Over the past few years we have seen the popularity of fat bikes grow exponentially. With the mainstream availability of affordable complete builds from the likes of Salsa and Surly, we are now starting to see a rapid evolution in gear. Titanium frames, carbon forks, more tire selection than ever, and even rumors of a full suspension frame. But the one thing we don’t have yet is a decent front suspension fork.
Some scoff at the idea of suspension on the fatty and say that you don’t need it. Some people also say that you don’t need booze in your life either. Maybe so, but like booze, suspension sure does make a lot of things more fun. When I got a package in the mail from my old friend Craig at Mendon Cyclesmith, I was pretty excited. The box contained an old Cannondale Lefty fork, some non-stock clamps, and a Rolling Darryl wheel with a bright pink rim strip.
Although I have to admit, I have a thing against Lefty’s. I have just never liked them and I have no idea why. But I have also known Craig since I was 19 years old. He was sort of my bike shop mentor when I was a shithead kid. He introduced me to a lot of cool shit like wool jerseys, handmade steel frames, how to build wheels, and strong IPA’s just to name a few. So I tend to trust his judgement. So if he sends me a fork with only one leg, I will ride it.
It seems my friend has spent these winter months refining some new clamps for a Lefty that offset the wheel enough to run a Surly Larry tire. It’s amazing what you can think of when you have enough beer and a cold upstate New York winter.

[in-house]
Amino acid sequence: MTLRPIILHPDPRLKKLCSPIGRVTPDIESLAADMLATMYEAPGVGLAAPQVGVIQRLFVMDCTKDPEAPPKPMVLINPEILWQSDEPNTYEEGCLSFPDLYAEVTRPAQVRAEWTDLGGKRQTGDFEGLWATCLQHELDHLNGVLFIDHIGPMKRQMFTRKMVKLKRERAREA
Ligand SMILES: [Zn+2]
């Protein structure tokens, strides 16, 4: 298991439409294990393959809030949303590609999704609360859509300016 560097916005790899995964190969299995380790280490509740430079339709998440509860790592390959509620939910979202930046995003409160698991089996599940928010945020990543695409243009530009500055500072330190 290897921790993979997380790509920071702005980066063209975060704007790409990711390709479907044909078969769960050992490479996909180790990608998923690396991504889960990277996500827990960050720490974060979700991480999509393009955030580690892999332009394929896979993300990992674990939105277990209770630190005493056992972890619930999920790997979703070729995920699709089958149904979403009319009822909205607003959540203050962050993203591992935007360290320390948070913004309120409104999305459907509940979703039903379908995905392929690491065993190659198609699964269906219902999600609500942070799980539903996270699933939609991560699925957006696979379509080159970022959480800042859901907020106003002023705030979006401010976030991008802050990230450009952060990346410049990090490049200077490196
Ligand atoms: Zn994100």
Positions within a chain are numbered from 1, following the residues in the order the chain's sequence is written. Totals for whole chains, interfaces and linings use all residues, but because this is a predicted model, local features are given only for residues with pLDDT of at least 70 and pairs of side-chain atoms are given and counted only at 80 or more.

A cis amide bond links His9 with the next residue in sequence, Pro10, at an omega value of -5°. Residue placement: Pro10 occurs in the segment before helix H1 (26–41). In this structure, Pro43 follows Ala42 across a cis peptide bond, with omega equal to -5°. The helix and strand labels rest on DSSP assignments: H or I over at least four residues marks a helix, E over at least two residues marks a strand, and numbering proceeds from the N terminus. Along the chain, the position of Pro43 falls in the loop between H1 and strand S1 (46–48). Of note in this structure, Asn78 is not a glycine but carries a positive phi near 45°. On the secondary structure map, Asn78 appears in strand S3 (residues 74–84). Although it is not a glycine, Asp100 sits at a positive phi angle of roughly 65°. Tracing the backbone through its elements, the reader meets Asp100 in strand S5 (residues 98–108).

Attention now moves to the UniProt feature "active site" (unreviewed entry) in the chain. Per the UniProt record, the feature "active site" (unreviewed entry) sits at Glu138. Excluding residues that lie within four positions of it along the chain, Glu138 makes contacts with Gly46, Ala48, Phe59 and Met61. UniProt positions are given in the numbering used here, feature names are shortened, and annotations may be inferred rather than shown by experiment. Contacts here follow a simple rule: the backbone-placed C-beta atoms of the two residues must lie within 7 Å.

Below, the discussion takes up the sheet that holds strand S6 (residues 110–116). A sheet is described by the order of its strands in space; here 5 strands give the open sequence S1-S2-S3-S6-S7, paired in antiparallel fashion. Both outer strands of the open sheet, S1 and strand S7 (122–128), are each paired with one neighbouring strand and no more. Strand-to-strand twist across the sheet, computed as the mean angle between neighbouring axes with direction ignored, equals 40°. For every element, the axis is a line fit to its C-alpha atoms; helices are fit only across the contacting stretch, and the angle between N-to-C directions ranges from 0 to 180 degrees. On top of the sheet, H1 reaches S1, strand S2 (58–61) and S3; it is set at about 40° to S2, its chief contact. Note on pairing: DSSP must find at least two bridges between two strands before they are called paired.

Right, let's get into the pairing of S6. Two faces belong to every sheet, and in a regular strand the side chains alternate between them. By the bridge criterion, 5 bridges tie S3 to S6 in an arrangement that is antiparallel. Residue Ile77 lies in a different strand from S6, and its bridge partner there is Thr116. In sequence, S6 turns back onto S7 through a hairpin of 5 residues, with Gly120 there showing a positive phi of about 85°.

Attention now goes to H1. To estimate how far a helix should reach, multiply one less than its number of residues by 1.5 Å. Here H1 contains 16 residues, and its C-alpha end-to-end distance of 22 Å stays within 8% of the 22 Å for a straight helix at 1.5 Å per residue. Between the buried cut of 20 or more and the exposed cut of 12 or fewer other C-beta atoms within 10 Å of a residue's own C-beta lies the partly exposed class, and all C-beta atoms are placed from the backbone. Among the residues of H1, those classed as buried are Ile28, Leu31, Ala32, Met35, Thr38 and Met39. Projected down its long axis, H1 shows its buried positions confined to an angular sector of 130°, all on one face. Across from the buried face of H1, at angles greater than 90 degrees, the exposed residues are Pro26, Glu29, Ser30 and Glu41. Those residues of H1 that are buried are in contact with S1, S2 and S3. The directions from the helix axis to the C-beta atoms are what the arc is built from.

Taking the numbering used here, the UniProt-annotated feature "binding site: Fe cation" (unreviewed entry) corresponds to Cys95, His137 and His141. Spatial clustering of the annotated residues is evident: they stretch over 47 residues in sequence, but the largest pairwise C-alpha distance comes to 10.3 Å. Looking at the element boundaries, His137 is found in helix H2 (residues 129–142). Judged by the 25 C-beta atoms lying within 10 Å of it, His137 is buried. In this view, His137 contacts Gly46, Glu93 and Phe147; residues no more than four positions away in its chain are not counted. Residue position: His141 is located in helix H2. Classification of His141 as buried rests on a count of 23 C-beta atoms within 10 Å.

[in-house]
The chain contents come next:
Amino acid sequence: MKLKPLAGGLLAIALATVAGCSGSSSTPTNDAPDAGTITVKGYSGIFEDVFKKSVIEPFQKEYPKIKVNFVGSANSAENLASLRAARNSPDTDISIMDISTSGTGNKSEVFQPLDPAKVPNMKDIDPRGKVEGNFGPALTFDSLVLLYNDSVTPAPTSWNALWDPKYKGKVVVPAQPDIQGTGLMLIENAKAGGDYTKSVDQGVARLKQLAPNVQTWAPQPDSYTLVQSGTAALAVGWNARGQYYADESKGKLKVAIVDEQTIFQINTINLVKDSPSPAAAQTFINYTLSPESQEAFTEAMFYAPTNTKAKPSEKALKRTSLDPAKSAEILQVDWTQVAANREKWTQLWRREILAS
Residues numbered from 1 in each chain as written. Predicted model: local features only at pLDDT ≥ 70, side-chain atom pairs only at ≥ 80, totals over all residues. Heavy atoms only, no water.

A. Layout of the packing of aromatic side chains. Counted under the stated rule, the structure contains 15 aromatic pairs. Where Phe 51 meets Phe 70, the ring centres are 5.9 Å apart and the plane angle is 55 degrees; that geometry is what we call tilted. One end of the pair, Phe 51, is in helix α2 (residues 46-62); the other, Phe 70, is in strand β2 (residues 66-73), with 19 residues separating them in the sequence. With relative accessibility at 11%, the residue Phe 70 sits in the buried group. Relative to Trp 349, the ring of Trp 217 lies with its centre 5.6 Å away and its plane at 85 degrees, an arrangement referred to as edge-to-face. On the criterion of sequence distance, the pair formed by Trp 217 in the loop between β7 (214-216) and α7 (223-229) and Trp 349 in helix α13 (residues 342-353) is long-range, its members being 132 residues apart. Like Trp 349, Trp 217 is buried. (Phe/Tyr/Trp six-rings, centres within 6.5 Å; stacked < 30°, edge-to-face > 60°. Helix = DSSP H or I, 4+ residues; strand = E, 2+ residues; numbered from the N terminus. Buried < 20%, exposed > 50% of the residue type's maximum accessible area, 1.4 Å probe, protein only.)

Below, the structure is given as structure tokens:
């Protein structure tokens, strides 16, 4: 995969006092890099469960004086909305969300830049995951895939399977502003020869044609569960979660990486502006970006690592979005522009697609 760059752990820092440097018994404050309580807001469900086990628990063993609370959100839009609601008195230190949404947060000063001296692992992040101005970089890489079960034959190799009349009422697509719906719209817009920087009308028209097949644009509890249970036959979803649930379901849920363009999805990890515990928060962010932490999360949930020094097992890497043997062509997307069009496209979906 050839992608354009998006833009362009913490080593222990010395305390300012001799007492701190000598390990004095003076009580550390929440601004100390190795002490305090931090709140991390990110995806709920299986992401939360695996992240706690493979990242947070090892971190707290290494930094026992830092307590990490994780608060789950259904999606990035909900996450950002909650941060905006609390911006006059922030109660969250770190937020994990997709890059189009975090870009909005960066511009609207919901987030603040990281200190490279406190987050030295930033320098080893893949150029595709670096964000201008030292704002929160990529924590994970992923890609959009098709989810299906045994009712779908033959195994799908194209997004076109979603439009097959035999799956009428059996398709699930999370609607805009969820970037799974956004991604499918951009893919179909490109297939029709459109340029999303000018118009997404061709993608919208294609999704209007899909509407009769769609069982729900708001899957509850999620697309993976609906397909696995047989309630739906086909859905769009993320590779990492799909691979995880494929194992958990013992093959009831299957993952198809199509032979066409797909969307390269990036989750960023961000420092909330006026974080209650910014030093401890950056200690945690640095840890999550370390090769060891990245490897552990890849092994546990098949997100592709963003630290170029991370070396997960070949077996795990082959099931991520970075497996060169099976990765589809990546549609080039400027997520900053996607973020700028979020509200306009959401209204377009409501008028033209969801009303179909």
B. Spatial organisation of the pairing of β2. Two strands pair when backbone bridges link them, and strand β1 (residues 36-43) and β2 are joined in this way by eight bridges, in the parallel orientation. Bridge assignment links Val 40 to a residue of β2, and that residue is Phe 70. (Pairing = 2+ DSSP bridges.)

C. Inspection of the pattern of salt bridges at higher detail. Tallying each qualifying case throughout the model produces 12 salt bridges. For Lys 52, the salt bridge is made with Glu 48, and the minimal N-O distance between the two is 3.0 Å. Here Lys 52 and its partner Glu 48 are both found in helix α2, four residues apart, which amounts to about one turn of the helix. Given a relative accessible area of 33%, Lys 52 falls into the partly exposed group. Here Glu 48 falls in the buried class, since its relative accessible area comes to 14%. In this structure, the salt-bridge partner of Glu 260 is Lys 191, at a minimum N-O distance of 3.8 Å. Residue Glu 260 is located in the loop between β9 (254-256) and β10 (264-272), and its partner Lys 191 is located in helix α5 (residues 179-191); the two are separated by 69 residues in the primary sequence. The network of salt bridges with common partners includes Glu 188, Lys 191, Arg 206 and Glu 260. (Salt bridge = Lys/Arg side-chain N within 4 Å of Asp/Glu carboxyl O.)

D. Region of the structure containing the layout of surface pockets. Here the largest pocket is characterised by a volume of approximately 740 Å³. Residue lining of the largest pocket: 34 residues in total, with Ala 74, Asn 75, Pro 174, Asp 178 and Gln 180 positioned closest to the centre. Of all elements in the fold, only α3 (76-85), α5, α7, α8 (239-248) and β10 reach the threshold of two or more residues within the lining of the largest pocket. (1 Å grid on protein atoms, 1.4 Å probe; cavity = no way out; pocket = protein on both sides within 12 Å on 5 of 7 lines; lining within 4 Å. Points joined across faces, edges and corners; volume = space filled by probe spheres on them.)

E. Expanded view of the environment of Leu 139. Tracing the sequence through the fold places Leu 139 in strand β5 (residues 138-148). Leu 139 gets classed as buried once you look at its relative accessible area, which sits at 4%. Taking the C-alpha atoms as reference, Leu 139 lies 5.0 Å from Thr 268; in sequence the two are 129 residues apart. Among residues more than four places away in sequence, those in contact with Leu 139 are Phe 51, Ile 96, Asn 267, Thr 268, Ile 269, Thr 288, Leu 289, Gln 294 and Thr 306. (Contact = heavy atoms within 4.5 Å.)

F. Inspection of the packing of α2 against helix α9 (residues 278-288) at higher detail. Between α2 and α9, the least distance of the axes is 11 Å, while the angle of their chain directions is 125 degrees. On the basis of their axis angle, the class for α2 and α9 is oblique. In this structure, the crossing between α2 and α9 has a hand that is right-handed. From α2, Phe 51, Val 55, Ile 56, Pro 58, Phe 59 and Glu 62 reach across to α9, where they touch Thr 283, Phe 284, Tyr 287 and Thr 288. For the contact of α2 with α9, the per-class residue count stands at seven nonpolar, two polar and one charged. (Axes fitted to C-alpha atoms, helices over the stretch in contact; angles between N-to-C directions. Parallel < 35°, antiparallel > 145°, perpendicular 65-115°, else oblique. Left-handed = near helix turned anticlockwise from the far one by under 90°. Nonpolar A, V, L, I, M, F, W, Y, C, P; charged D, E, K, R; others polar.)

I have only been riding this setup for about a week now and I must say, it’s been fun. I just felt it was too unique of an idea not to share with you all. Riding the thing, you get the obvious advantages of a little suspension squish on the downhills like you would expect. But the biggest advantage I noticed is during seated climbing. It just smooths out the ride enough to keep the front wheel from bouncing off-line while I’m gasping for breath with my tongue is hanging out of my mouth. This was quite a surprise on a bike that I have only, up until now, ridden rigid.
I am going to long term test this thing and report back to you guys if you are interested. I am even thinking about bolting this front end on to my singlespeed 29er and see what that will feel like. Craig said he is going to send along a newer model that will rock my socks off since this is just a prototype with an older fork body. We shall see…
I am pretty greatful to have the opportunity to test out this little piece of retro meets innovation. A little squish can go a long way. I also find it pretty cool to be re-purposing some old stuff in the process. So if you have an old lefty sitting in the garage (one with removable clamps) and want a fun little project, contact Craig. He can get you some clamps and guide you in the process. Heck, he even has whole front ends available if you want to go that route.by